The potentials needed to meet life’s demands align with the concept of capabilities proposed by Amartya Sen and others. 23 The capability approach purports that capabilities to achieve well-being are a matter of what people are able to do and to be, and thus the kind of life they are effectively able to lead. This means that promoting an individual’s functional capabilities (such as the ability to participate in social, economic, and political opportunities and to make use of health care), rather than end-state utilities (health, happiness, or desire fulfillment), should be the objective of human welfare systems. It requires public or state coordination.

A difference between the capability approach and the potentials becomes evident when analyzing the fates of two people newly diagnosed with Type 1 diabetes. One living in a high-income country with adequate health care and social resources could manage the condition relatively easily – facilitated by social and environmental determinants. Another living in a low-income country − even if she or he has the same potentials as someone living in a high-income country – might not be able to afford insulin or have health care and social services required. Thus the high-income country resident may have more capabilities. In discussing personally acquired potentials the Meikirch Model of Health distinguishes between personal and social resources, whereas the capability approach combines them.

The Individual determinants of health – demands of life and people’s potentials to meet them – are influenced by social and environmental determinants of health, including inequalities of resources and power and insalubrious environments, as we discuss below.

Social determinants of health

Research shows that better social engagement, collective efficacy, and trust are associated with better health outcomes. 24 Social factors may be positive or negative for people’s well-being, including by enhancing or inhibiting the development of their potentials and by influencing the demands of life and the resources available to individuals to meet these demands. Wilkinson and Pickett identified that people’s health was better in countries with less inequality in incomes. 25 In many parts of the world poverty, living conditions, and work conditions limit the health people can achieve. The WHO Commission on Social Determinants of Health concluded:

The poor health of the poor, the social gradient in health within countries, and the marked health inequities between countries are… caused by the unequal distribution of power, income, goods, and services, globally and nationally … 2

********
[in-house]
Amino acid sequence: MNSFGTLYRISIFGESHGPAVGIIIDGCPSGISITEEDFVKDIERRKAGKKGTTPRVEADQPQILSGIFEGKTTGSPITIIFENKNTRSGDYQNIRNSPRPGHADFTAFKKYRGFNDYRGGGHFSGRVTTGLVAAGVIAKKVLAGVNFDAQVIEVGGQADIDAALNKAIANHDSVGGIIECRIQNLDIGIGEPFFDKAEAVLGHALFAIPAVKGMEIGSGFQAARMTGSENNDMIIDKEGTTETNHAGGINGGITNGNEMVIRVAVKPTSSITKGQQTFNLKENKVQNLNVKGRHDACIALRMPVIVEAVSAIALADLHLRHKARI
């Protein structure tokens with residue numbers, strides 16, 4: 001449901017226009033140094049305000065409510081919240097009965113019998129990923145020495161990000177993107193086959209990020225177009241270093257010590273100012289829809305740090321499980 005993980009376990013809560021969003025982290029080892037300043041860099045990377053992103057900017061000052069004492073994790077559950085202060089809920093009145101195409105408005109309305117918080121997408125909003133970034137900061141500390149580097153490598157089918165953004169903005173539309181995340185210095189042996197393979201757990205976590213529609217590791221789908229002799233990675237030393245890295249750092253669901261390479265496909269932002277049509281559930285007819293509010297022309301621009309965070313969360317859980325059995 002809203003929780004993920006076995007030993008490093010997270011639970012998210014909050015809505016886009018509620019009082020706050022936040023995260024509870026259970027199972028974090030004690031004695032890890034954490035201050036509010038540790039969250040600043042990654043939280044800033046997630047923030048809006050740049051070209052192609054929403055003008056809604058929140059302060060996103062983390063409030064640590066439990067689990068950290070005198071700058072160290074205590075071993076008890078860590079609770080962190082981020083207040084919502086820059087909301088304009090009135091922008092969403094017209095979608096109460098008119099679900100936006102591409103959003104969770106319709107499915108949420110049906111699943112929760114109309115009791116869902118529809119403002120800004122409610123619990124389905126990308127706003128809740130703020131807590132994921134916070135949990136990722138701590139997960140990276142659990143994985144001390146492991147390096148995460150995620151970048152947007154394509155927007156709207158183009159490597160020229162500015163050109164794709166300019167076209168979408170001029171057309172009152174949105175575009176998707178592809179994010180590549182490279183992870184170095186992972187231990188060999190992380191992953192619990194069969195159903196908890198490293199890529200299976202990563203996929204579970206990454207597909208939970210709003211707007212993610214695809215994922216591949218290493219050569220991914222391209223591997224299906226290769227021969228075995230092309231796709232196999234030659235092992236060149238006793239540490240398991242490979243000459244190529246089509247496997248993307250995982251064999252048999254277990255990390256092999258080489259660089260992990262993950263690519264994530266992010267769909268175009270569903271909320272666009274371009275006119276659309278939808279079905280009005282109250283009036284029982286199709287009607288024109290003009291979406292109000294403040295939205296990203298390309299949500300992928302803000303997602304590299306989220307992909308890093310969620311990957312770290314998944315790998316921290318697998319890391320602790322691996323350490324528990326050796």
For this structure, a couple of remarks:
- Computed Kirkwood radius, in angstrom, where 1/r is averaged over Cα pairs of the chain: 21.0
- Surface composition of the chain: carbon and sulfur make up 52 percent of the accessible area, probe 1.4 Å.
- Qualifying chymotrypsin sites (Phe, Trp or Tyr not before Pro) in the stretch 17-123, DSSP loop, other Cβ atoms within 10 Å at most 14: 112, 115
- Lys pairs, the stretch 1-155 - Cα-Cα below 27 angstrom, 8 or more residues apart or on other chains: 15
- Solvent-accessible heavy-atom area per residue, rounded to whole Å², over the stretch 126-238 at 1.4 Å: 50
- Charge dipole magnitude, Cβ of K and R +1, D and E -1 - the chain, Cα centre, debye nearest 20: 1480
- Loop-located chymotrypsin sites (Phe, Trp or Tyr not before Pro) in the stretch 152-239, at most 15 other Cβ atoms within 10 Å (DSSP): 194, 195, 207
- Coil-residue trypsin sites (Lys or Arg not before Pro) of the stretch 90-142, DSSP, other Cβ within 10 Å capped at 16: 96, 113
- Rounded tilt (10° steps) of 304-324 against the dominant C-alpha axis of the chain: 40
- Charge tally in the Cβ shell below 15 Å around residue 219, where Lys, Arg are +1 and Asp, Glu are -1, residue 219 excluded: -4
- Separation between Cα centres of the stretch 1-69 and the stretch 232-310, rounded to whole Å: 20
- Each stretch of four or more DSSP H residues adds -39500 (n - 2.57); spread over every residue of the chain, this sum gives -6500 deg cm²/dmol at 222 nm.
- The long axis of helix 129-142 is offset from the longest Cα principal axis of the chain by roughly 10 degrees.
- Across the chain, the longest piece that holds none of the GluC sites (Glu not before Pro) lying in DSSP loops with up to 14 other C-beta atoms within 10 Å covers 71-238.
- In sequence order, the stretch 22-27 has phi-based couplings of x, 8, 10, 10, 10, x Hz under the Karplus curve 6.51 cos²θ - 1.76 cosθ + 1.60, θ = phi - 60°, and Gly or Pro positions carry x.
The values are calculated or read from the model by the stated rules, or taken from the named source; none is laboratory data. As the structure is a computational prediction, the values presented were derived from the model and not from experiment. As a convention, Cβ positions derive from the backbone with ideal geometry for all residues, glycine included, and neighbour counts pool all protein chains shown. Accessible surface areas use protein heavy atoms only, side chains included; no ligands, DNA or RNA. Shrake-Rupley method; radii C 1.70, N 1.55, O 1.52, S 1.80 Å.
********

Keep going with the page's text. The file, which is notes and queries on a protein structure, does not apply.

Michael Marmot helped define these social gradients and importantly noted that longevity is not solely related to people’s income, but strongly affected by their autonomy and social participation, which are major determinants of health. 26 He strongly emphasizes the responsibility of governments and world leaders to create circumstances that facilitate social, economic, and political participation and enable individuals and populations to improve their health.

As set out in the WHO constitution, 5 all individuals have a right to the highest attainable standard of health, and governments have the overall responsibility to improve the health of their populations by providing adequate health and social measures. The concept of entitlements forges an essential link between legal rights and measures required to realize these rights. Sen defines entitlements as a specification of the legal rights and the resources and opportunities that enable individuals to access these rights. 27 The 2003 health reforms in Mexico introduced a health insurance scheme known as Seguro Popular. Aligned with the concept of entitlements, 14 these reforms explicitly positioned health care as a social right, and not as a commodity or a privilege. The reform arrangements included legal provisions as well as specific packages of health services.

Investments in health and social services are also important to reduce inequities, both within and across countries. The Lancet Commission on Investing in Health 13 calls for a ‘grand convergence’ within a generation. The Commission shows how investments in health could not only promote health and reduce health inequalities, but could also provide 9 to 20 times the value of the investment in social and economic benefits – as healthier people can contribute more to their societies.

Addressing the health needs of underserved and often marginalized groups, including women, children, and older people in low-income communities, is particularly important for reducing inequities and improving health. 13 They often benefit less from health care and social services that are usually more plentiful, accessible, and of higher quality in more affluent settings. Further, in addition to communicable and non-communicable diseases that affect the whole population, they face the additional burden of morbidity and mortality related to pregnancy, and to childhood and age-related illness.

Given the linked nature of health and social and environmental determinants, governments could also consider more integrative approaches to address health, social, and environmental requirements of their populations. The example from Belo Horizonte below illustrates how this could be done.

Environmental determinants of health

There is established evidence of important links between the environment, development, and health. 18 These links were highlighted in1987 by the UN World Commission on Environment and Development’s report – Our Common Future, 3 also known as the Brundtland report, that noted: “The ‘environment’ is where we all live; and ‘development’ is what we all do in attempting to improve our lot within that abode”. 4